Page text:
Negotiating Transcultural Relations in the Early Modern Mediterranean is a study of transcultural relations between Ottoman Muslims, Christian subjects of the Venetian Republic, and other social groups in the sixteenth and seventeenth centuries. Focusing principally on Ottoman Muslims who came to Venice and its outlying territories, and using sources in Italian, Turkish and Spanish, this study examines the different types of power relations and the social geographies that framed the encounters of Muslim travelers. While Stephen Ortega does not dismiss the idea that Venetians and Ottoman Muslims represented two distinct communities, he does argue that Christian and Muslim exchange in the pre-modern period involved integrated cultural, economic, political and social practices. Ortega's investigation brings to light how merchants, trade brokers, diplomats, informants, converts, wayward souls and government officials from different communities engaged in similar practices and used comparable negotiation tactics in matters ranging from trade disputes, to the rights of male family members, to guarantees of protection. In relying on sources from archives in Venice, Istanbul and Simancas, the book demonstrates the importance of viewing Mediterranean history from a variety of perspectives, and it emphasizes the importance of understanding cross-cultural history as a negotiation between different social, cultural and institutional actors.
Table of Contents
Contents: Introduction; Scattered about the city: Ottoman networks and attempts to control them; Negotiating with the Venetian bureaucracy: paths of integration; Moving across boundaries; Projecting Ottoman power; A Mediterranean conflict: alliances, factions and networks; Epilogue; Bibliography; Index.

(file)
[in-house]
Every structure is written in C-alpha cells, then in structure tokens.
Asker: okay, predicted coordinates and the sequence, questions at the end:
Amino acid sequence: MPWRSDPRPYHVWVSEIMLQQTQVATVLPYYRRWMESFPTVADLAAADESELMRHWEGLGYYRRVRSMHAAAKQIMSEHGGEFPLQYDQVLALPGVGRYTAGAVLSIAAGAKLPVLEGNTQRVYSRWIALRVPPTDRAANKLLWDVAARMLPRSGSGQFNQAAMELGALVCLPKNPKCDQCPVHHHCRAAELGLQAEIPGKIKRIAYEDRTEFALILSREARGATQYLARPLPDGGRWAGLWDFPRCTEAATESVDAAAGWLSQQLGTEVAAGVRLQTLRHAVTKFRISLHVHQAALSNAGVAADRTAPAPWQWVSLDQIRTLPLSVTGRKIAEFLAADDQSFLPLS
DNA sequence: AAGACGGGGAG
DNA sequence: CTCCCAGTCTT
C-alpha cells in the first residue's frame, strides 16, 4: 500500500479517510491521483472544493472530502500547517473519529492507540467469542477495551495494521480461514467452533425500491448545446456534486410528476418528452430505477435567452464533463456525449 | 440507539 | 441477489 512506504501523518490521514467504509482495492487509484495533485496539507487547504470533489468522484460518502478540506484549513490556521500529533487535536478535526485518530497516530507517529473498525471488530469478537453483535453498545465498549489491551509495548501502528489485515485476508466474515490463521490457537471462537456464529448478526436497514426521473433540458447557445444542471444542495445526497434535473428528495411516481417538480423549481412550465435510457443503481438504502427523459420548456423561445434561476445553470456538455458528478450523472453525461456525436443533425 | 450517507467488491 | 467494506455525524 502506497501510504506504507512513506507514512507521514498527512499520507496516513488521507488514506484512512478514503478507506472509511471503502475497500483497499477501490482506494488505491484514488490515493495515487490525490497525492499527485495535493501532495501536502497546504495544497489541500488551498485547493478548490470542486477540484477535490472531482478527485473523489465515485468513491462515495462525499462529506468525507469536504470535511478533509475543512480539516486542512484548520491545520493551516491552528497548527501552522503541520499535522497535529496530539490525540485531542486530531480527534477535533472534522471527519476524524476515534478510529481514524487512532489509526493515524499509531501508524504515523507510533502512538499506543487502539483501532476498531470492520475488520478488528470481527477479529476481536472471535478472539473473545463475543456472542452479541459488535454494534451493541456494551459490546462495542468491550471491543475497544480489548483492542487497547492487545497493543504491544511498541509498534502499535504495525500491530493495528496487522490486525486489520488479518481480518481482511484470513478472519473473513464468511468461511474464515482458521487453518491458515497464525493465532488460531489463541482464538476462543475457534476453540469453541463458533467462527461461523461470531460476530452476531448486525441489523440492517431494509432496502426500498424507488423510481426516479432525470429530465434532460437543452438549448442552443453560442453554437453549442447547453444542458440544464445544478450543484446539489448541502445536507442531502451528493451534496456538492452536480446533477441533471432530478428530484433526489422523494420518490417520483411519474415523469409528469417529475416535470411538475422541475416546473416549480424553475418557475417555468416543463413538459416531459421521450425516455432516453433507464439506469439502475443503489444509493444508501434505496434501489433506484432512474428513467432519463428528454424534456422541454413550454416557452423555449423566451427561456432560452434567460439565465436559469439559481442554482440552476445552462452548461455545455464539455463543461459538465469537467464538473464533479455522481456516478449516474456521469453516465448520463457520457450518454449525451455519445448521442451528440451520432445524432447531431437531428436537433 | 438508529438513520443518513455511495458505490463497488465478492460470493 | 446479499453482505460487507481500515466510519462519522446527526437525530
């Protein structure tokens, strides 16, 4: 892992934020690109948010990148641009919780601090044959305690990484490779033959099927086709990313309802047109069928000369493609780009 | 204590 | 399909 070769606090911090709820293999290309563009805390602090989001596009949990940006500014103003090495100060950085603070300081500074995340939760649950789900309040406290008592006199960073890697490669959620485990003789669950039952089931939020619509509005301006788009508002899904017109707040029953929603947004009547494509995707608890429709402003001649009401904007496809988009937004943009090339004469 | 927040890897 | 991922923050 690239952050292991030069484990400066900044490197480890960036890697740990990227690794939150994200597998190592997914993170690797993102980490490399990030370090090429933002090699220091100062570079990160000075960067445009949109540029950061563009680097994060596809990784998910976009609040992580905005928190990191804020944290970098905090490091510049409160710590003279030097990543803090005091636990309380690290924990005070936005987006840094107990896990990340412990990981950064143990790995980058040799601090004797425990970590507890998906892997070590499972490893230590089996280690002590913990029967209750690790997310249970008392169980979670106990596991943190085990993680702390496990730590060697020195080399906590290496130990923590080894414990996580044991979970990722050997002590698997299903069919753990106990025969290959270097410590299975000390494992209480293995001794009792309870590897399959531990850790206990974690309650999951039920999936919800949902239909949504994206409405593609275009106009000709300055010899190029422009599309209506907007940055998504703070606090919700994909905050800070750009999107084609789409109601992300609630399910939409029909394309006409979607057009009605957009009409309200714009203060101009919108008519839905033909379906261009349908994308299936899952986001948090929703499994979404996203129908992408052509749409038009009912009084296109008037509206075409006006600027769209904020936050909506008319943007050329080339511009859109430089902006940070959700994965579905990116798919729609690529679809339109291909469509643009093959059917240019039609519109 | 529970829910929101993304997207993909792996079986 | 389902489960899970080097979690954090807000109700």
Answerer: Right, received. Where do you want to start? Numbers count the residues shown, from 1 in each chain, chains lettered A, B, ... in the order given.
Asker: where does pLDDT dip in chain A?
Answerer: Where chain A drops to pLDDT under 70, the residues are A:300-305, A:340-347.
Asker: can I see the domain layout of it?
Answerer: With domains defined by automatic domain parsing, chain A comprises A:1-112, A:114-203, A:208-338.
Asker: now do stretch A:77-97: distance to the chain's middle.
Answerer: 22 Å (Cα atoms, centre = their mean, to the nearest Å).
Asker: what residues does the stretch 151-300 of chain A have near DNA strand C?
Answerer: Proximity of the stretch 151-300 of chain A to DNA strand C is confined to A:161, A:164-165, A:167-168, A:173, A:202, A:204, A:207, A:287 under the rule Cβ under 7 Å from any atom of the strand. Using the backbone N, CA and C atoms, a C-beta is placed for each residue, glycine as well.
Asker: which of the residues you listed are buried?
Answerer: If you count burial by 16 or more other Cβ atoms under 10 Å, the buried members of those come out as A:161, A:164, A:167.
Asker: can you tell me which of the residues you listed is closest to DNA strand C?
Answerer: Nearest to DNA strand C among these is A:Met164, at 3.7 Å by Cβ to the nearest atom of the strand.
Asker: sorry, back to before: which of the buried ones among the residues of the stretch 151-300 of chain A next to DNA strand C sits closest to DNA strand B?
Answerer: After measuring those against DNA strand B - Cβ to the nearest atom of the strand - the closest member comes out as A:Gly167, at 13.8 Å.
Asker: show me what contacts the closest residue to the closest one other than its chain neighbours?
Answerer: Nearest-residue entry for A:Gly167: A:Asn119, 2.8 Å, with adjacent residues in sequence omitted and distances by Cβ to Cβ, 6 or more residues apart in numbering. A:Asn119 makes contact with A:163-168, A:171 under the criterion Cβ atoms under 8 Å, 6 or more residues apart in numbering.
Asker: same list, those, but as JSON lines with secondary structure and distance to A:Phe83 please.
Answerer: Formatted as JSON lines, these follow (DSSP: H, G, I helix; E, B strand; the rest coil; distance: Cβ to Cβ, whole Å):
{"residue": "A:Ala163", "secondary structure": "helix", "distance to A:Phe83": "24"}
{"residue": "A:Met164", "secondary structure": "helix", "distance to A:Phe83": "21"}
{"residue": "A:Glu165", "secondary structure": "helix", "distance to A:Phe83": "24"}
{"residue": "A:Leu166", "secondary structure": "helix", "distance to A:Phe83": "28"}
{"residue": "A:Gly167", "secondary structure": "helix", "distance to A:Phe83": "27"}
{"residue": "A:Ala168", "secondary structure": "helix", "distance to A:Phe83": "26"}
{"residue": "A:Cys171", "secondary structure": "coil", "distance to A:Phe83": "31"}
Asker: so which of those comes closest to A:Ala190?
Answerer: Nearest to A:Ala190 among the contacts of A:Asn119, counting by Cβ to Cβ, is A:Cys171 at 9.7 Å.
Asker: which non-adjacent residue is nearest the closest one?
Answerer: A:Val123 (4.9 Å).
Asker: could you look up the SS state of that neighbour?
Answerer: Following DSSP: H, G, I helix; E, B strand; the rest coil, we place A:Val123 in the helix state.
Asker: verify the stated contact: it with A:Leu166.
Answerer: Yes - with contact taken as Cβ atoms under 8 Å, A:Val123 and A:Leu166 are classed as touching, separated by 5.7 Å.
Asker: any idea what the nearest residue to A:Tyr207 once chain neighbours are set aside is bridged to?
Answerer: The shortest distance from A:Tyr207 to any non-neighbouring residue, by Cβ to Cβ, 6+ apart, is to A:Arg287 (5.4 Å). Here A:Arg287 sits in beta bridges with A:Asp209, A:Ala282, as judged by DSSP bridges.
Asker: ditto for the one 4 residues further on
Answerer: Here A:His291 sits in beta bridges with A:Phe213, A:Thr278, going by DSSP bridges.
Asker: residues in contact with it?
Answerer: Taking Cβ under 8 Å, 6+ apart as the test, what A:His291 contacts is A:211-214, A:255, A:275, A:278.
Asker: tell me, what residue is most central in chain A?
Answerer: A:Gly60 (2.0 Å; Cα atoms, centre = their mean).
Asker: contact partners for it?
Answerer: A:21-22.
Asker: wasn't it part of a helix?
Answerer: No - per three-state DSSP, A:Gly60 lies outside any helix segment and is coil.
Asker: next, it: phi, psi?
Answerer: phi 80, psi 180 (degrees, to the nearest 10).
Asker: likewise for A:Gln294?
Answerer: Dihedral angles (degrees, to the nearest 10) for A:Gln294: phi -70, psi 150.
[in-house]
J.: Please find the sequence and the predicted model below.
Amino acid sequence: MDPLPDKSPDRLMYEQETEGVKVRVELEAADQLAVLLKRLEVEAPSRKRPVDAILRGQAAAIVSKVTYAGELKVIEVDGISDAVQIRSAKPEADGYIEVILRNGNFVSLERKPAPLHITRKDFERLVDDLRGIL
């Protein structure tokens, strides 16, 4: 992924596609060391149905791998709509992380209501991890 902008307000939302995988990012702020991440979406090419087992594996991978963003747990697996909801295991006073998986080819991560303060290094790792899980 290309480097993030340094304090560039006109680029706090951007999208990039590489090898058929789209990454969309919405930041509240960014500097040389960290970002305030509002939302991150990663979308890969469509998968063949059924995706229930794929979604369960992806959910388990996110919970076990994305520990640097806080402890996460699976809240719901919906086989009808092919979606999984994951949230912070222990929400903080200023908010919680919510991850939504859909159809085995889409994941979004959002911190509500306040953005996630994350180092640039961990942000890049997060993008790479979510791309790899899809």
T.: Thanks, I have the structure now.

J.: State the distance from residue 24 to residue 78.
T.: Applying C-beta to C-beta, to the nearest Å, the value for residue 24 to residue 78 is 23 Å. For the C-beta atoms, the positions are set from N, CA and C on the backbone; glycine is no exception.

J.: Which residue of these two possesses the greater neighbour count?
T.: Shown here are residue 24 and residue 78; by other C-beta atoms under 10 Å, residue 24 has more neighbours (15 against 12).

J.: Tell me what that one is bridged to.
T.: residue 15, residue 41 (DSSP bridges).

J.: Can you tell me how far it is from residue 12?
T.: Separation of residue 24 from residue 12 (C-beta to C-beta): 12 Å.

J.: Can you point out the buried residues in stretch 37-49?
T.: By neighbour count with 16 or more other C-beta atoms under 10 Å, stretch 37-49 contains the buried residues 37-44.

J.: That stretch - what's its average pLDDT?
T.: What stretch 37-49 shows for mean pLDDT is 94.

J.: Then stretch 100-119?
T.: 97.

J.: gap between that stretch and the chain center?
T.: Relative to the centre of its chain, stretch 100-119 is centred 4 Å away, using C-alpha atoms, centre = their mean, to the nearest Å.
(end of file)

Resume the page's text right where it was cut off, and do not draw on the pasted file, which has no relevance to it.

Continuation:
Stephen Ortega is Associate Professor at Simmons College. He teaches cross-cultural, Islamic and world history.
'This valuable addition to the study of cross-cultural perspectives in the early modern Mediterranean involves a complex interplay of language, culture and religion. Ortega judiciously reassesses relationships between centre and periphery, pointing out that the perspectives of outlying dependencies had their own centrality. He views diplomacy and trade through the intriguing personal experiences of men and women who straddled the east-west divide. This book is particularly valuable for its inclusion of Spain within its geographical horizons. The skilful integration of macro- and micro-histories is lively, engaging and thought-provoking.' Deborah J. Howard, Cambridge University, UK